Understanding actors and object-goals in the human brain.

Richard Ramsey, Antonia F. de C. Hamilton

Research output: Contribution to journalArticlepeer-review

38 Citations (Scopus)


When another person takes £10 from your hand, it matters if they are a shopkeeper or a robber. That is, the meaning of a simple, goal-directed action can vary depending on the identity of the actors involved. Research examining action understanding has identified an action observation network (AON) that encodes action features such as goals and kinematics. However, it is not yet known how or where the brain links actor identity to action goal. In the present paper, we used a repetition suppression paradigm during functional magnetic resonance imaging (fMRI) to examine the neural representation of actor identity within the context of object-directed actions. Participants watched video clips of two different actors with two different object-goals. Repeated presentation of the same actor suppressed the blood oxygen level-dependent (BOLD) response in fusiform gyrus and occipitotemporal cortex. In contrast, repeated presentation of an action with the same object-goal suppressed the BOLD response throughout the AON. Our data reveal an extended brain network for understanding other people and their everyday actions that go beyond the traditional action observation network.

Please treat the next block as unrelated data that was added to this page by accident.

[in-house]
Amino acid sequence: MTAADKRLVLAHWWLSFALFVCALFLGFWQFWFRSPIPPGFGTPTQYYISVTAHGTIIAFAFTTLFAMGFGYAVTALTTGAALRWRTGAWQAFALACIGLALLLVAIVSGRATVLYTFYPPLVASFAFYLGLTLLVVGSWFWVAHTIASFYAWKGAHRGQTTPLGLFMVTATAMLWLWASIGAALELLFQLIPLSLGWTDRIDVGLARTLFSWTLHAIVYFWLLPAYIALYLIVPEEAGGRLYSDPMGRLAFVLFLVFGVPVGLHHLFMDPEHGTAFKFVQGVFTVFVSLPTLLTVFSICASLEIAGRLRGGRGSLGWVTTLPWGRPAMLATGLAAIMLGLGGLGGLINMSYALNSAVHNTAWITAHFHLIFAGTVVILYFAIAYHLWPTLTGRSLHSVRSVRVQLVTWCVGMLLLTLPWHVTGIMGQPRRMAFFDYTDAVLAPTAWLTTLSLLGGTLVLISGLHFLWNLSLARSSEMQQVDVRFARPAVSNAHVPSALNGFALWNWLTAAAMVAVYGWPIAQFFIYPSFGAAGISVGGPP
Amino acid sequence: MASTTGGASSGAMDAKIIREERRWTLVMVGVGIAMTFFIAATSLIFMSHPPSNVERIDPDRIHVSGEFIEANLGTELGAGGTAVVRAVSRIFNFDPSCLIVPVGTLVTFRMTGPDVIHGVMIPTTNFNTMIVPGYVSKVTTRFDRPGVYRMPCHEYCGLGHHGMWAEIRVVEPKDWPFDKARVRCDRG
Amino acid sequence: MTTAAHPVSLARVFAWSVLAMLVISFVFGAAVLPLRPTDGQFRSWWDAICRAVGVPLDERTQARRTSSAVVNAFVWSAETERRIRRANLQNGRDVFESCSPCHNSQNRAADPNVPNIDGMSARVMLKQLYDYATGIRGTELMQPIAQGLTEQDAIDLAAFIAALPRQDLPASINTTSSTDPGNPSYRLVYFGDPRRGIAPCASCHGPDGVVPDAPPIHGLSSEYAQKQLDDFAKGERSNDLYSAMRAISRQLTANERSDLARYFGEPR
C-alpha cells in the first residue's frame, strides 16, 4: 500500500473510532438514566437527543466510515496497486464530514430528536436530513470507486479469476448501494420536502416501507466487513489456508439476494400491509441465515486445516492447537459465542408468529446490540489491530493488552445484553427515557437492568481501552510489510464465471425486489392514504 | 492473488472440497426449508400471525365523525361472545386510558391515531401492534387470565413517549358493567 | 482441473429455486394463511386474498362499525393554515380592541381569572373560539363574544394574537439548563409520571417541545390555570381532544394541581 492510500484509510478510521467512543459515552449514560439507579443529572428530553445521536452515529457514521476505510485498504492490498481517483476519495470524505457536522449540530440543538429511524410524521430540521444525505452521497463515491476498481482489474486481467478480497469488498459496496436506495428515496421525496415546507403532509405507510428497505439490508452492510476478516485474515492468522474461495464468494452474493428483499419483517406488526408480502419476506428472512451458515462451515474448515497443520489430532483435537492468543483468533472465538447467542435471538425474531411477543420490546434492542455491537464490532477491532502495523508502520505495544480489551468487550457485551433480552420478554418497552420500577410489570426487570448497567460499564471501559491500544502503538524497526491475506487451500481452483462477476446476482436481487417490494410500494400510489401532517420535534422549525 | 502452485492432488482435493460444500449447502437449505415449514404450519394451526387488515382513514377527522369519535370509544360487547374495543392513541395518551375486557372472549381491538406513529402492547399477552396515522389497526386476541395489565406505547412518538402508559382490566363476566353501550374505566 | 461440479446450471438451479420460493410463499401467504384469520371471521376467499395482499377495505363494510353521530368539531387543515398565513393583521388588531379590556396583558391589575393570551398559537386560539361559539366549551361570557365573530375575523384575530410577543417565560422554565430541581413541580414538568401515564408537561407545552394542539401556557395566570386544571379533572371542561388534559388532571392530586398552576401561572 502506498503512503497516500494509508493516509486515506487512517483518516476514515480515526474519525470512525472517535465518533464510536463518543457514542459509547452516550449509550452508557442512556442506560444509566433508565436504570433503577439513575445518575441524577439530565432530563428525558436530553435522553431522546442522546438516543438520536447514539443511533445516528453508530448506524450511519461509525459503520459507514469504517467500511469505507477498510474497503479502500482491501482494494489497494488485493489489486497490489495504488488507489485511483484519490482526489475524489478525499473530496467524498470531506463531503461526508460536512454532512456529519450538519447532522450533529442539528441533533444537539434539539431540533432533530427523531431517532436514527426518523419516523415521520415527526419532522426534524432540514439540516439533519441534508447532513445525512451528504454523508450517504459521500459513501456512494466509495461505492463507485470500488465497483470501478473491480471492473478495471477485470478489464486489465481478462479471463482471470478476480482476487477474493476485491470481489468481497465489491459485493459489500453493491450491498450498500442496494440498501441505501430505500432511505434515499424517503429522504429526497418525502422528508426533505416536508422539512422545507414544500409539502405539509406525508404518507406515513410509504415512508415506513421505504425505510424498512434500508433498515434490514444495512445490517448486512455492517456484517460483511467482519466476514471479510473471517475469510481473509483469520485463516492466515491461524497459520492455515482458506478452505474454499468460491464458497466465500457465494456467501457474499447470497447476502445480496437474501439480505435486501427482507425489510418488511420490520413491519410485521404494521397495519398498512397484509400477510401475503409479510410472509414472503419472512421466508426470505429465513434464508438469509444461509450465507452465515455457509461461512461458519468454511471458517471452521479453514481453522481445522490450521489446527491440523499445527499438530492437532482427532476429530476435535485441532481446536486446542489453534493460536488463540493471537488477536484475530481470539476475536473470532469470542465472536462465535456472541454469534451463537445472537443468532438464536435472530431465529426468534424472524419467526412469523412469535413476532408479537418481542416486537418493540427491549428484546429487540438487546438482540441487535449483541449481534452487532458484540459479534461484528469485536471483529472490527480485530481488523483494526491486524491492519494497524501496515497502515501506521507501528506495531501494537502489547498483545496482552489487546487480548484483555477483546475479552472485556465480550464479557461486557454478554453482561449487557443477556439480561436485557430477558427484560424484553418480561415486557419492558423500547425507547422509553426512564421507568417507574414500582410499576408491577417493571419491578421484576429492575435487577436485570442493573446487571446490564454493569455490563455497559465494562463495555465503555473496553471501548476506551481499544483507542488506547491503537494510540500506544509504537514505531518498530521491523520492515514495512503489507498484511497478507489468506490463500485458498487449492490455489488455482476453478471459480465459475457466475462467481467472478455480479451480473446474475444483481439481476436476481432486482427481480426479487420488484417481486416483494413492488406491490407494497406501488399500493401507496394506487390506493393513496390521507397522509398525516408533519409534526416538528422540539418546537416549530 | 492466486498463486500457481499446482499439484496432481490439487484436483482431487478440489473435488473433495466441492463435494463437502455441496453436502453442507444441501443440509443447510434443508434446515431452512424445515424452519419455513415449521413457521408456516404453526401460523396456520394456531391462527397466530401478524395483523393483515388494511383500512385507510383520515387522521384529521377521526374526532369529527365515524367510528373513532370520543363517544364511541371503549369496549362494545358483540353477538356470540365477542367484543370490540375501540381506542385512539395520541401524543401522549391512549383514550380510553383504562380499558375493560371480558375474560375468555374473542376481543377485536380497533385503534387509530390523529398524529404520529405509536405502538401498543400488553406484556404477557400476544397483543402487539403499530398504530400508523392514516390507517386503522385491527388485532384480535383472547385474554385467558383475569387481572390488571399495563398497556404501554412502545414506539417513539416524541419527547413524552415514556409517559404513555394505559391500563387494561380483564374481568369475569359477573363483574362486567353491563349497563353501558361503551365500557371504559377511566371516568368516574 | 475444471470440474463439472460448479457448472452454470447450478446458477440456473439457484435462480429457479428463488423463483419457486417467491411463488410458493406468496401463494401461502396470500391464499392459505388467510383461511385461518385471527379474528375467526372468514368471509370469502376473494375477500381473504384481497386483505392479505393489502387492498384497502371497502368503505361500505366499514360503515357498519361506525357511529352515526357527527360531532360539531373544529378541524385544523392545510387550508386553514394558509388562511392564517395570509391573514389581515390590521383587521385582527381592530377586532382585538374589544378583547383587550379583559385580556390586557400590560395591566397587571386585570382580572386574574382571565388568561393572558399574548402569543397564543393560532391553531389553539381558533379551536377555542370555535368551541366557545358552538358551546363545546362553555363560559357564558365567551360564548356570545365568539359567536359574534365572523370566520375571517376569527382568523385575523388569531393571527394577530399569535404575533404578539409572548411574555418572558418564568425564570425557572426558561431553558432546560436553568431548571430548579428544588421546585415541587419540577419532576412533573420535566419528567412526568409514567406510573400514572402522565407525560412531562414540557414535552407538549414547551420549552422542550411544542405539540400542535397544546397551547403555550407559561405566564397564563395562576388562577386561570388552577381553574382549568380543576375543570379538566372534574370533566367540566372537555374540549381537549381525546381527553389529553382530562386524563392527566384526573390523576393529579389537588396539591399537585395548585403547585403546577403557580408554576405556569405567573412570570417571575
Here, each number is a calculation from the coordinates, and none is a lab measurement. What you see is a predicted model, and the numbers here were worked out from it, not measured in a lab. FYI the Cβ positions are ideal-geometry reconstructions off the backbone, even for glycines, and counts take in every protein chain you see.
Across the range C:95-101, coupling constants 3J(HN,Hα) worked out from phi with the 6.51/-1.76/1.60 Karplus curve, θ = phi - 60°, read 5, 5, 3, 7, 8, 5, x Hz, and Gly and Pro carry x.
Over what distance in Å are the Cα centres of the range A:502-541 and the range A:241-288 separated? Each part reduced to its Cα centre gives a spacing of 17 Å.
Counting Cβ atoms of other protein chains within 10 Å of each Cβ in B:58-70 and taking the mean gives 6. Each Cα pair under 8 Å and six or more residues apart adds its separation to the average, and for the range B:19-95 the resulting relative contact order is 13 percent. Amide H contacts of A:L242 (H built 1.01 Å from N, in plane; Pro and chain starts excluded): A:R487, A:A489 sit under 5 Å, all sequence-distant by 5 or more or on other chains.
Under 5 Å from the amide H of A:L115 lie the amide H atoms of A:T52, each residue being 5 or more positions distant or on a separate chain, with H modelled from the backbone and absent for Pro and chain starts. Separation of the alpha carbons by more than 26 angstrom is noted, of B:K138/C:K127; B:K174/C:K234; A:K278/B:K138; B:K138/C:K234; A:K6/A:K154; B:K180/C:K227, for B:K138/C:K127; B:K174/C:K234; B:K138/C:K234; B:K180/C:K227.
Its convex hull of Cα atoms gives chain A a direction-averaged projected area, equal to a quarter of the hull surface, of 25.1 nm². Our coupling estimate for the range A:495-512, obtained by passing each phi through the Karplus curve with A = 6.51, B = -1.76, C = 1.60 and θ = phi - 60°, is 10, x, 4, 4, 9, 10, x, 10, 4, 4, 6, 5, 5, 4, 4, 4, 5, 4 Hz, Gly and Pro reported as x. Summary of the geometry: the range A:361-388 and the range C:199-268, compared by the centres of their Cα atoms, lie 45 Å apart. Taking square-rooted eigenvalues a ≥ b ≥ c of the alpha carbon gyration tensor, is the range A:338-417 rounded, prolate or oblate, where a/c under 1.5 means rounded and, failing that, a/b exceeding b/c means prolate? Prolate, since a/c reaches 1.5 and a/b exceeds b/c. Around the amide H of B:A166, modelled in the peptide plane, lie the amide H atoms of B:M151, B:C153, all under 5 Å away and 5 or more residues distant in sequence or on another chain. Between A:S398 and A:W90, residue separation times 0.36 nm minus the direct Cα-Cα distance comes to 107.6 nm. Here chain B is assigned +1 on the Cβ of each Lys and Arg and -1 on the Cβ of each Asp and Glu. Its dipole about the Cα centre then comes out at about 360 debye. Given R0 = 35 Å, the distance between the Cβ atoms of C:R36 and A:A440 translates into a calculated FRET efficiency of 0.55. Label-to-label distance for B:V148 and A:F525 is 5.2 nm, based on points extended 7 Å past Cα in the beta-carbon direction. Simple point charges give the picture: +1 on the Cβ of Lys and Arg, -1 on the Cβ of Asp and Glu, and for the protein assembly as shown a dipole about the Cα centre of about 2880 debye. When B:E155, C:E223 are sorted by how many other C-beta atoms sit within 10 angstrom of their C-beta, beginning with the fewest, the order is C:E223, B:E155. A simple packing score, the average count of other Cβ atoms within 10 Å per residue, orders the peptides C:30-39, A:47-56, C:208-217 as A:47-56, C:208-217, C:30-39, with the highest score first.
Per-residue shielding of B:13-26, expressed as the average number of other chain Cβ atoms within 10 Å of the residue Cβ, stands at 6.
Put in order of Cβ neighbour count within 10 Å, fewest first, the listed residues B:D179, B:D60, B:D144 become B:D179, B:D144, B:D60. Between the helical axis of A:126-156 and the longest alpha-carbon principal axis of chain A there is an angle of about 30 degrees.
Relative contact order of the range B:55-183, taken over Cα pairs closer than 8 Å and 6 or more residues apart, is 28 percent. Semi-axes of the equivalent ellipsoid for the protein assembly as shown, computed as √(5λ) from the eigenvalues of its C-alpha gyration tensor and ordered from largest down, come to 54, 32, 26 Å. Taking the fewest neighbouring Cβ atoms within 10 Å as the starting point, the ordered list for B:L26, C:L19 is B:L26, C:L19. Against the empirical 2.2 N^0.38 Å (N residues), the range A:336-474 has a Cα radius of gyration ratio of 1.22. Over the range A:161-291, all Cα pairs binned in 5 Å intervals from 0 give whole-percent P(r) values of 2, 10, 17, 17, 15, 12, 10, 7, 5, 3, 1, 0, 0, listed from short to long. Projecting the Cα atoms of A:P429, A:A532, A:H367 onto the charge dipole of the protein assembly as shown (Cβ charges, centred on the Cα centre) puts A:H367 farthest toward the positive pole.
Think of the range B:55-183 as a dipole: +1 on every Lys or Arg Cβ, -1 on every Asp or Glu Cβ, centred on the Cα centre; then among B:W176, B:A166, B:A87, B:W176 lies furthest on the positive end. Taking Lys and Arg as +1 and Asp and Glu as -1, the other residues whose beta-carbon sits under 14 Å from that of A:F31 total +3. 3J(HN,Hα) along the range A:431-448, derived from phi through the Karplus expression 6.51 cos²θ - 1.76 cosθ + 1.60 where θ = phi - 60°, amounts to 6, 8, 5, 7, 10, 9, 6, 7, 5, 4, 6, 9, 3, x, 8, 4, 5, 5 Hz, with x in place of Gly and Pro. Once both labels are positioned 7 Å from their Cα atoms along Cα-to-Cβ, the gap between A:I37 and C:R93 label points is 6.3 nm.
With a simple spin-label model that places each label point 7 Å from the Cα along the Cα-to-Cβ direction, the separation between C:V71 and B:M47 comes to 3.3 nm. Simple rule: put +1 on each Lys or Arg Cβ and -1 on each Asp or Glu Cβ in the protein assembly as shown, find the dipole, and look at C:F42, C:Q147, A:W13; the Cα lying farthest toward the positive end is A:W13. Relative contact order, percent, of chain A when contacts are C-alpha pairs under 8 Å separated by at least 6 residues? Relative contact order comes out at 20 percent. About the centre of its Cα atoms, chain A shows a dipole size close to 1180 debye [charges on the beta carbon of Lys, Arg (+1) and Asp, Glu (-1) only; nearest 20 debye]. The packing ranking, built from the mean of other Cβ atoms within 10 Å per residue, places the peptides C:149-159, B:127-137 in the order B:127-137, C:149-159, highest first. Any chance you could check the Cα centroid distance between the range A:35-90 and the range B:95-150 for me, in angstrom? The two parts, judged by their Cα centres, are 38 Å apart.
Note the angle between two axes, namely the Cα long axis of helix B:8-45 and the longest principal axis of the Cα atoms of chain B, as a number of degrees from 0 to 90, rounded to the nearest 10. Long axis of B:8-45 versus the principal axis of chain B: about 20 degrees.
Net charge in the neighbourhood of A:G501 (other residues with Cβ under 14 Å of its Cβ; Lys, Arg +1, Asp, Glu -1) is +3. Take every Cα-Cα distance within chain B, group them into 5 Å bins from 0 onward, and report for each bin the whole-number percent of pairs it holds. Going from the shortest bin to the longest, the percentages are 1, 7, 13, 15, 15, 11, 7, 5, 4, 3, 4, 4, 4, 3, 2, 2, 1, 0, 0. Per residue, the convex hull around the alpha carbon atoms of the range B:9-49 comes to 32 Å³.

Original languageEnglish
Pages (from-to)1142–1147
Number of pages6
Issue number3
Publication statusPublished - 15 Apr 2010
Externally publishedYes


  • action observation
  • actor identity
  • agency
  • fMRI
  • mirror neuron system
  • social cognition


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